Farewell, Chun Yung Woo
South Korean nuclear envoy Chun Yung Woo, widely expected to be replaced in the new administration, had an unannounced meeting in Beijing with his North Korean counterpart, Kim Gye Gwan, so the two could say farewell and finish up unfinished business.
After the meeting, Chun told reporters:
“The North reaffirmed its commitment to a smooth and full implementation of the agreement of the six-party talks. We reaffirmed our own commitment to a sincere fulfillment of our duties as the chair of the economy and energy working group of the denuclearization process. We understand that the North is ready to attend a session of the six-party talks anytime China, the host country of the talks, convenes one…. It’s not impossible to solve the issue, but the parties concerned will need more effort and time…North Korea seems to be aware that it can’t prevaricate and skip the declaration (via Chosun Ilbo).”
Is another session of the Six-Party Talks just around the corner? Kim Gye Gwan, for his part, reassures us that current delay is a technical delay, not a political delay. Says Chun:
North Korea said it will do what it has to do, and that this is not because they don’t have the willingness, nor do they call it a deadlocked situation…It is being delayed due to technical issues, not because it has some political purpose in it (via AP)”
One can only speculate as to what “technical issues” means. Chun did not elaborate any further.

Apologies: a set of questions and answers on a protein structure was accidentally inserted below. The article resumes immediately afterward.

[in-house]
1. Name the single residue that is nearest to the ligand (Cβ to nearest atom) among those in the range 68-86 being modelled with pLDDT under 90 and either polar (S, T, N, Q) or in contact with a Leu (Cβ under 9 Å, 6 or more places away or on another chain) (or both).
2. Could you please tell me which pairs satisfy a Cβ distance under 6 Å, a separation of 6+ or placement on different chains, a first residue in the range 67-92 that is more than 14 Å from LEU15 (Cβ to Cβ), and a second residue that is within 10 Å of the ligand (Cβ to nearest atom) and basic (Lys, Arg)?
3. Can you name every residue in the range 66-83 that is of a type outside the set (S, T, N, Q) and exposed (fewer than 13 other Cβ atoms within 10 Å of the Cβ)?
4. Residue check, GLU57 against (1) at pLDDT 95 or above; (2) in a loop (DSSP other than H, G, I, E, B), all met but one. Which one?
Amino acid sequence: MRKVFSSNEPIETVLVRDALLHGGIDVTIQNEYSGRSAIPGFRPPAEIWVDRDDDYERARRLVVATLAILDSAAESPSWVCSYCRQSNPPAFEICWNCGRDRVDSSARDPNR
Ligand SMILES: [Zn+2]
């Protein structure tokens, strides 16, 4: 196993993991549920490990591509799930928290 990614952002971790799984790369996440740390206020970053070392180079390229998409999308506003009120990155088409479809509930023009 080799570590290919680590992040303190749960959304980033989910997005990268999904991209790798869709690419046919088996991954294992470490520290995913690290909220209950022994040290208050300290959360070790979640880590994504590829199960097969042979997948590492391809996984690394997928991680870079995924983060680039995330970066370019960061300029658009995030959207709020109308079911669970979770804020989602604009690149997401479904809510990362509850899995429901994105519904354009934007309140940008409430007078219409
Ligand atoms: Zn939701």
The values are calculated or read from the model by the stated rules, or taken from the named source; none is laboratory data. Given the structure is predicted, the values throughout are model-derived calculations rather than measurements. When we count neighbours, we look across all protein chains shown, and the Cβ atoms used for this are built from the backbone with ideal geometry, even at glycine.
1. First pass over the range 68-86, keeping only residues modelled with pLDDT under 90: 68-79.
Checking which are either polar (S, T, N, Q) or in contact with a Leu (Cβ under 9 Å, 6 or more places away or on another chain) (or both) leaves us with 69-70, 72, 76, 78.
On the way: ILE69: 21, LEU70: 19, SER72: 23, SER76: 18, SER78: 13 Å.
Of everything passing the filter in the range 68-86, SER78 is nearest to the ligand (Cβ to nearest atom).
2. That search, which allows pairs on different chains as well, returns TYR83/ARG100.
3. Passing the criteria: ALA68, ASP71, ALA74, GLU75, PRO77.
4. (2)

Meanwhile, on the Hill front, after meeting with his counterpart in Japan, Christopher Hill, despite his optimisitc rhetoric, was rumored to be taking a tougher line in private conversations. An AFP article reports:
A senior Japanese official, speaking on condition of anonymity, said that Hill, despite his optimism, was taking a tough line on securing a declaration of the North’s atomic programmes.
“His tone has become tougher. That could mean that President Bush has instructed him to press North Korea for a complete declaration,” the Japanese official said.
As for a possible Kim Jong Il-Condeleeza Rice meeting next week, AFP reports that Hill neither confirmed nor denied the possibility of such an encounter taking place:
Hill played down speculation that he or Rice would visit Pyongyang for the concert. Both will be in Seoul on Monday for President-elect Lee Myung-Bak’s inauguration.
“I’m going to be at the inauguration of the (South Korean) president,” Hill said. “This happens to be within 24 hours, so I’ll be in South Korea, not in North Korea.”
Rice “will be in South Korea as well,” Hill said.